For a short time in the early 1990s, many cartoons gravitated toward a similar sort of villain. Take one part greedy corporate robber baron, add a dash of hatred for the environment, and then garnish with a mutant deformity that mirrors some evil character trait, and you’ve got a recipe for a cartoon eco-villain from the era.
Villains were specifically created to personify the hot button environmental issues of the day. The signature crime of Captain Planet’s Sly Sludge involved illegal dumping of toxic waste, while Hexxus from Ferngully embodied rainforest deforestation. Heroes like the G.I. Joe’s Eco-Warriors used outlandishly eco-friendly measures to combat these evildoers, whether through special backpacks that shot fresh water, or simply the magic of planet Earth, embodied by Captain Planet.
But in the end, it was the villains that said the most about our guilt over polluting the planet, and made it seem like our insurmountable environmental problems could just be socked in the jaw. Even if just for a half hour on a Saturday morning.
The heyday of environmentally-conscious cartoons kicked off in September of 1990 with the premiere of Captain Planet and the Planeteers on TBS. The show followed the adventures of five multi-cultural kids armed with magic rings that could be brought together to summon Captain Planet, a green-skinned avatar of environmentalism. The Planteers faced off against an amazing rogues’ gallery of personified pollutants.
There was Duke Nukem, a radioactive mutant who liked spreading toxic waste, and Sly Sludge, whose M.O. was illegal dumping. Then you had Looten Plunder, a hack-and-slash deforester and poacher, rat-man Verminous Skumm, who embodied the pestilence that thrives in garbage, and fellow evil-doers Dr. Blight, Zarm, and Hoggish Greedly. At one point they came together to form the anti-Captain Planet, called Captain Pollution, a super-villain made of pure filth and pollution.
By the next summer, in 1991, another show premiered that had a similar take on eco-friendly themes. Loosely based on the B-movie, The Toxic Avenger, the short-lived cartoon Toxic Crusaders followed a group of deformed misfits as they used their gross-out powers to stop aliens from the planet Smogula (and also, like most all cartoons around this time, to sell toys).
While it peddled a less direct environmental message than Captain Planet, the Toxic Crusaders’ main villain was an eco-villain named Dr. Killemoff. Another alien from the planet Smogula, Killemoff wore a respirator that pumped polluted air into his lungs and belched pollution from large smokestacks on his back. Of course he was also a greedy businessman in charge of a company called Apocalypse Inc.
By the latter half of 1991, long-running cartoons would jump onto the trend as well. In September of 1991, the original Teenage Mutant Ninja Turtles cartoon came out with an episode called, “Muckman Messes Up.” This episode introduced the characters Muckman and Joe Eyeball, a pair of garbagemen that mixed trash with mutagen and became living garbage monsters.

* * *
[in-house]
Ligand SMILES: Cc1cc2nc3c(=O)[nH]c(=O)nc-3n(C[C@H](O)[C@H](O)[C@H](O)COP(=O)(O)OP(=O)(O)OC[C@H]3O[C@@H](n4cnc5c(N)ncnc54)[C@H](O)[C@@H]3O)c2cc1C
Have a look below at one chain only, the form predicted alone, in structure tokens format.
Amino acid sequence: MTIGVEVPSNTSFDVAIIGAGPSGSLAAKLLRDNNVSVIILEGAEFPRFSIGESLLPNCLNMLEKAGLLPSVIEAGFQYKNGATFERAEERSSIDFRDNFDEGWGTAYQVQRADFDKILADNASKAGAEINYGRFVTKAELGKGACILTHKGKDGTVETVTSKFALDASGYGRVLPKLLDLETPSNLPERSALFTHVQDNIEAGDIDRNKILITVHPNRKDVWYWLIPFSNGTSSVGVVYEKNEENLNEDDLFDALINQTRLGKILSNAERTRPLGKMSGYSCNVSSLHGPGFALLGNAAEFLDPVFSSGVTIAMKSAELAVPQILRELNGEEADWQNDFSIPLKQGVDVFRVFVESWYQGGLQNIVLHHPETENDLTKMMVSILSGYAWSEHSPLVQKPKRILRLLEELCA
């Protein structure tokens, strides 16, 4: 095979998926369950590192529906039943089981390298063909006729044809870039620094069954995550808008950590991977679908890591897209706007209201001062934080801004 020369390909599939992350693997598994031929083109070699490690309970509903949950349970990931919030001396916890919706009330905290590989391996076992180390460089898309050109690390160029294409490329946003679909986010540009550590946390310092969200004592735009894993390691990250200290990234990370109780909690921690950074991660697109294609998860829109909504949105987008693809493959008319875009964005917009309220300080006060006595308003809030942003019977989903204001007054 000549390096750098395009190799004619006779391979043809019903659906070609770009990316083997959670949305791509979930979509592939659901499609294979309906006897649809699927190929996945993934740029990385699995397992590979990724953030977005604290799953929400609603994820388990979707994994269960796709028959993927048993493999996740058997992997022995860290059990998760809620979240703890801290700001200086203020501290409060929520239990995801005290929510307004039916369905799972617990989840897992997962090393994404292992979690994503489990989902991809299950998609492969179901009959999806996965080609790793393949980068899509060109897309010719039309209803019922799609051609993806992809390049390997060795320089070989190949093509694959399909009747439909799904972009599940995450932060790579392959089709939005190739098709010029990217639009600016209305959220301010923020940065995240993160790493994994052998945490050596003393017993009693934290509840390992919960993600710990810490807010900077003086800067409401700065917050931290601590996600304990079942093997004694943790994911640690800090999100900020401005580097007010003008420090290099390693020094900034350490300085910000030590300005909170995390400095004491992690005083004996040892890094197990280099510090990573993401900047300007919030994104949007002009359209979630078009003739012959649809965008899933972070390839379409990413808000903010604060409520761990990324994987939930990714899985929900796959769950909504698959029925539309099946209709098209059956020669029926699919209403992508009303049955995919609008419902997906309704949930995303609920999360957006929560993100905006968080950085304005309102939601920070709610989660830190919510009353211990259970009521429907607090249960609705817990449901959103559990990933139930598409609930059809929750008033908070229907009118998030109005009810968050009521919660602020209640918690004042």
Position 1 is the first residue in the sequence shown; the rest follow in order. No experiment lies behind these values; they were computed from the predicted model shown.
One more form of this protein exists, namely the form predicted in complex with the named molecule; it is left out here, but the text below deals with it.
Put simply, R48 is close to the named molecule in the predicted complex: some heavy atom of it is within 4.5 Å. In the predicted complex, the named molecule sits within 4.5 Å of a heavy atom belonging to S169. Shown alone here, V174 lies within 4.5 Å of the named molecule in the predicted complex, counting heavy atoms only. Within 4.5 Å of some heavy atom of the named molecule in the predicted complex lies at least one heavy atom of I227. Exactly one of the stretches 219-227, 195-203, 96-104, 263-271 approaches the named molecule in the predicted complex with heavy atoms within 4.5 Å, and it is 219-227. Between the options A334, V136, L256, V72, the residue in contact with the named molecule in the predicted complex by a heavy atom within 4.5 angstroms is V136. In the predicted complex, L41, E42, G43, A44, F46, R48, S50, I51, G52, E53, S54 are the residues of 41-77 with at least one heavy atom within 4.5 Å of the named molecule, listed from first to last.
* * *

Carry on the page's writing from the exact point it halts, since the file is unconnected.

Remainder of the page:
These characters didn’t have a directly pro-environmental message, and would eventually side with the Turtles, but they fell squarely into the trend of creating foils that focused on the issues of pollution and waste.
The next month, the G.I. Joe cartoon would air a two-part episode called “The Sludge Factor.” These episodes introduced the Eco-Warriors, an elite Joe team (featuring characters like Clean Sweep and Ozone) tasked with protecting the environment. Of course the show’s bad guys, called COBRA, had their own evil eco-villain in Cesspool.
Another former CEO, Cesspool originally ran a number of shady refineries and chemical plants that coughed out pollution and toxic waste. However, after he fell into a pool of toxic sludge, getting disfigured in the process, he blamed environmentalists for his accident and joined COBRA as a specialist in pollution.
In 1992, the apex of eco-friendly cartoons came in the form of the theatrical film, Ferngully: The Last Rainforest. The film tells the story of Crysta, a fairy living in an untouched rainforest that is slowly being encroached on by greedy loggers. The lumbermen and their giant machines eventually cut down the wrong tree and release Hexxus, the evil spirit of pollution and environmental decay.
Hexxus, a black cloud of smog, sensually voiced by Tim Curry, begins sucking up all of the oil, grime, and pollution being pumped out by the clear-cutting machinery, gaining power, and celebrating humanity’s willingness to destroy nature. Hexxus’ orgiastic love of pollution is perfectly encapsulated in his spotlight song, Toxic Love, an unreleased version of which actually has the spirit talking about how “horny” it makes him.
It’s hard to top a literal cloud of pollution talking about how environmental destruction turns him on, and alas, the trend of eco-friendly cartoons would never reach that pinnacle again. Captain Planet stayed on the air in some form until 1996, and can still be found in syndication, but in general, the cartoon concern with the environment seems to have been left in the early 1990s.